Impact of COVID-19 behavioral inertia on reopening strategies for New York City transit

This research was led by Joseph Chow, deputy director of the C2SMART University Transportation Center at NYU Tandon. Co-authors included Kaan Ozbay, Director, and Shri Iyer, Managing Director of C2SMART. Chow and Ozbay are professors in the department of Civil and Urban Engineering. 

The COVID-19 pandemic has affected travel behaviors and transportation system operations, and raised new challenges for public transit. Cities are grappling with what policies can be effective for a phased reopening shaped by social distancing.

The C2SMART researchers used a baseline model for pre-COVID conditions to create a new model representing travel behavior during the COVID-19 pandemic. They achieved this both by recalibrating the population agendas to include work-from-home, and by re-estimating the mode choice model (to fit observed traffic and transit ridership data) for the Center’s MATsim-NYC platform, a multi-agent simulation test bed for evaluating emerging transportation technologies and policies.  They then analyzed the increase in car traffic due to the phased reopen plan guided by the state government of New York.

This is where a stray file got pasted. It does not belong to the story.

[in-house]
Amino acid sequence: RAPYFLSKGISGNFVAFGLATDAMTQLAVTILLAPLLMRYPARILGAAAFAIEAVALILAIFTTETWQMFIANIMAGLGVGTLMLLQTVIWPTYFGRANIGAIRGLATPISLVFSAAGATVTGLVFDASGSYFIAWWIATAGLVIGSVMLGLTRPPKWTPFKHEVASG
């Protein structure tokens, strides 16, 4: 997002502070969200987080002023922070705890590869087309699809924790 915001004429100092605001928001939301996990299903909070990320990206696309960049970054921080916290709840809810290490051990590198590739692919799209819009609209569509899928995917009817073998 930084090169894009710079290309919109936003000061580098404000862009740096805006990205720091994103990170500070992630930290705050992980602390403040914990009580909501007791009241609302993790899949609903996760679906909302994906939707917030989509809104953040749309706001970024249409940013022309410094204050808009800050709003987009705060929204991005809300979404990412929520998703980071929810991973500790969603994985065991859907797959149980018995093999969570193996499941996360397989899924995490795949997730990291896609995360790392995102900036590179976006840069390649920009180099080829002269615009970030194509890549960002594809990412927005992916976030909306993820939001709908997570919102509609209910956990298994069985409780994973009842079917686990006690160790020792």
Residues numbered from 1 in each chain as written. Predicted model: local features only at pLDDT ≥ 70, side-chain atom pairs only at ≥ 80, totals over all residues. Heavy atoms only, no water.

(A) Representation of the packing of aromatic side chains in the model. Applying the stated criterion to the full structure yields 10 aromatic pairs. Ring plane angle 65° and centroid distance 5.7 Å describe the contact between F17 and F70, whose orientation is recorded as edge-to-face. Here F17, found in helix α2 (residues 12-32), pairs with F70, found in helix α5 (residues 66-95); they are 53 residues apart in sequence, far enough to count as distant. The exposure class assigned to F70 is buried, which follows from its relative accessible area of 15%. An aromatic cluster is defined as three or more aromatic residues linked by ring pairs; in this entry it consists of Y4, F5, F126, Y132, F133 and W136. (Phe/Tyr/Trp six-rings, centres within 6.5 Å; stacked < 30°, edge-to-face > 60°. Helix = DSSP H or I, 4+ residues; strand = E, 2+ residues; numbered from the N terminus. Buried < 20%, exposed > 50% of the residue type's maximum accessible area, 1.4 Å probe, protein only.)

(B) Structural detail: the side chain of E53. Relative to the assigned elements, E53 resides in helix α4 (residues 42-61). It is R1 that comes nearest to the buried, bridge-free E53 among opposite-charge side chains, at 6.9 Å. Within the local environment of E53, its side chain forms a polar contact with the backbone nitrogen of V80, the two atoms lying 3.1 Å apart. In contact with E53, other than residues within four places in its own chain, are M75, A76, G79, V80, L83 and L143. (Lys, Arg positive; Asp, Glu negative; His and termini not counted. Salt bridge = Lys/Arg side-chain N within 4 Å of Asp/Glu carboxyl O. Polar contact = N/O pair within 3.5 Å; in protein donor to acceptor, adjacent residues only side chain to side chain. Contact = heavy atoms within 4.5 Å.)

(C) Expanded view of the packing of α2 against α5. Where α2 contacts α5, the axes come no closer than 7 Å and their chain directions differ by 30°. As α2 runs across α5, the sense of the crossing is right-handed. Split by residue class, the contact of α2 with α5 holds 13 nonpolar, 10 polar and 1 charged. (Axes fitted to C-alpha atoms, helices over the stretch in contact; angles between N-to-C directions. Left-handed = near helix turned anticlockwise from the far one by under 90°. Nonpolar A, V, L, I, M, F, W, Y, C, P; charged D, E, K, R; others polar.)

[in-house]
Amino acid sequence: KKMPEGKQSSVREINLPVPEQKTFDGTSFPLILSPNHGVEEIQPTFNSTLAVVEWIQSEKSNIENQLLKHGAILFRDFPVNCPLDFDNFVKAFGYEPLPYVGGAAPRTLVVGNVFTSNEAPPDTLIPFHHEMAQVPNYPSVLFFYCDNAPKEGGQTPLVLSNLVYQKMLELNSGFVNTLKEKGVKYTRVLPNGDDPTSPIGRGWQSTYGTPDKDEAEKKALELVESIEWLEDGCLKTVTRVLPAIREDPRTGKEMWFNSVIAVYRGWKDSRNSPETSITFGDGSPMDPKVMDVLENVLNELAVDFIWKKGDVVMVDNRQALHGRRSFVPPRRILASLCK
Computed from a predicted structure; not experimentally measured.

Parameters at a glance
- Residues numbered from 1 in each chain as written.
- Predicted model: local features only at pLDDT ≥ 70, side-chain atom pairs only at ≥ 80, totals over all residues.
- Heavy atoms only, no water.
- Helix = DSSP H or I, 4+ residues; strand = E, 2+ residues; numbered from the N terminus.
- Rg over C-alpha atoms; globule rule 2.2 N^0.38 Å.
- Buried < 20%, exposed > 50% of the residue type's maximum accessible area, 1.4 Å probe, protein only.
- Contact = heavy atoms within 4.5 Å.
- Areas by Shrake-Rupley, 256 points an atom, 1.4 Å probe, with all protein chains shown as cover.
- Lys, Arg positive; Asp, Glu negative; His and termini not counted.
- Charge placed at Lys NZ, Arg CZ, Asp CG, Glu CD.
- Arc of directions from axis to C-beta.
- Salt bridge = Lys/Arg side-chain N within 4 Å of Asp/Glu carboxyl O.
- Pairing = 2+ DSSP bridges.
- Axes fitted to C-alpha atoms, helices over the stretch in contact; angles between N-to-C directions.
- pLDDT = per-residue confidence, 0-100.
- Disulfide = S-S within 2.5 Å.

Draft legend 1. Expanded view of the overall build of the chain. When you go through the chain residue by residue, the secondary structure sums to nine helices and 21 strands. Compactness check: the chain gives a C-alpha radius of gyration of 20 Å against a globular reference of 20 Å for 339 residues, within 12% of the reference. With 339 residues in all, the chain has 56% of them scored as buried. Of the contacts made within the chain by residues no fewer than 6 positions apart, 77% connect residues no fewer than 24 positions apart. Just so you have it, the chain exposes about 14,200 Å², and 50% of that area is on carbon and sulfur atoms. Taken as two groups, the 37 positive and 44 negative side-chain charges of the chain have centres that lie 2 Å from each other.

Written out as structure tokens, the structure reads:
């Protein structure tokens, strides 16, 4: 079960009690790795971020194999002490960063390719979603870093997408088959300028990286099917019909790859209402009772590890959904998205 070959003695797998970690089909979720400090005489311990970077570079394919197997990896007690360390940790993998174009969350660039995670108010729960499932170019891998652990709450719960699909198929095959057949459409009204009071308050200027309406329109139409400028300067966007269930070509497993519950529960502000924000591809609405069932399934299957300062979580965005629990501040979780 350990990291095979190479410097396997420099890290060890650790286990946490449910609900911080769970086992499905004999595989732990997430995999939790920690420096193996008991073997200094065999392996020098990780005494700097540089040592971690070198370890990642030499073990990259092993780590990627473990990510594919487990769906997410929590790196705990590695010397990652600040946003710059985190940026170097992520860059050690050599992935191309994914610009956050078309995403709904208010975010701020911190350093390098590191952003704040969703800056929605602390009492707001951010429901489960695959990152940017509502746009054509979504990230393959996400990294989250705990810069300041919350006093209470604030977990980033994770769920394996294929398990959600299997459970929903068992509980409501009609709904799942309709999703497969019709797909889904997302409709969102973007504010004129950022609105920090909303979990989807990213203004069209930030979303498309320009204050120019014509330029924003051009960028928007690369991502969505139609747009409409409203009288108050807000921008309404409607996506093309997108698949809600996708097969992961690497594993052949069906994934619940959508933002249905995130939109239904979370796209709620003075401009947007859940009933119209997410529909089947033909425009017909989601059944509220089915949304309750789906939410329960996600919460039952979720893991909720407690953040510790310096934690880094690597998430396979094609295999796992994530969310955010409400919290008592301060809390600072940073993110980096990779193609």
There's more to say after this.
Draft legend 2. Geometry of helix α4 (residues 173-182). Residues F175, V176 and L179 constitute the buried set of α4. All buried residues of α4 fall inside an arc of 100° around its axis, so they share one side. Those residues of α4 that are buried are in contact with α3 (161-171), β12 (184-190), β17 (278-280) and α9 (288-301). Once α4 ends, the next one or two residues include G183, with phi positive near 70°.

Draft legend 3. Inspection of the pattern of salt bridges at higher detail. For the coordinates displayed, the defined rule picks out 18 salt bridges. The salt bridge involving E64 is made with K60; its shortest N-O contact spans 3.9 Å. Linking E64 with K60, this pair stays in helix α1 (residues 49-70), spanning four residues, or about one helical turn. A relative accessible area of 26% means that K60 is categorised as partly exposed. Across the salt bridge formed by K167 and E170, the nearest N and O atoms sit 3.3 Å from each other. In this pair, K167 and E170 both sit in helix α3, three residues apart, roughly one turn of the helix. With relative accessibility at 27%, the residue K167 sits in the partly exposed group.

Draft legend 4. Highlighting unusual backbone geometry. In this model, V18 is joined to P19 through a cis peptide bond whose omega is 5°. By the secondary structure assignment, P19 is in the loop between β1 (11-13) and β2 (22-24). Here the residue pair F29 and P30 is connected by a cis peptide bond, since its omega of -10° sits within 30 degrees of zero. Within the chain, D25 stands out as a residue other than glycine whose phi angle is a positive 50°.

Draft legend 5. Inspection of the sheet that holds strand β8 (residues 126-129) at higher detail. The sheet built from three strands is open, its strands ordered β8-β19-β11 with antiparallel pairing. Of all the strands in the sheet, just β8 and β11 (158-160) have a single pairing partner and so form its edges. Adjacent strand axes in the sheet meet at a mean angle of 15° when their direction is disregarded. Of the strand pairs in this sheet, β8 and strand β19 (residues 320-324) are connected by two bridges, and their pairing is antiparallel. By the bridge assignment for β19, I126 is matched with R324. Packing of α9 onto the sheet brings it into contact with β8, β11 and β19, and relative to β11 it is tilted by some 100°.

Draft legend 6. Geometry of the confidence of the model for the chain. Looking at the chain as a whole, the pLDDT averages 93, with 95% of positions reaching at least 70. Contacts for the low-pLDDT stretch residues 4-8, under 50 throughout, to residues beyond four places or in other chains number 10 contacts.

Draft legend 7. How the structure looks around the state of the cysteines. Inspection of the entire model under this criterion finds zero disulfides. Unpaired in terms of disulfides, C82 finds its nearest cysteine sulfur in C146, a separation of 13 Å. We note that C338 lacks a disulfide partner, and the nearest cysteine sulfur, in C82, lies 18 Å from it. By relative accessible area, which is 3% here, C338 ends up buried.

Analyzing four reopening phases and two reopening scenarios (with and without transit capacity restrictions), they found that a reopening with 100% transit capacity may only see as much as 73% of pre-COVID ridership and an increase in the number of car trips by as much as 142% of pre-pandemic levels. They also discovered that limiting transit capacity to 50% would decrease transit ridership further from 73% to 64% while increasing car trips to as much as 143% of pre-pandemic levels.

They noted that, while the increase appears small, the impact on consumer surplus is disproportionately large due to already increased traffic congestion. Many of the trips also get shifted to other modes like micromobility.

The findings imply that a transit capacity restriction policy during reopening needs to be accompanied by (1) support for micromobility modes, particularly in non-Manhattan boroughs, and (2) congestion alleviation policies that focus on reducing traffic in Manhattan, such as cordon-based pricing.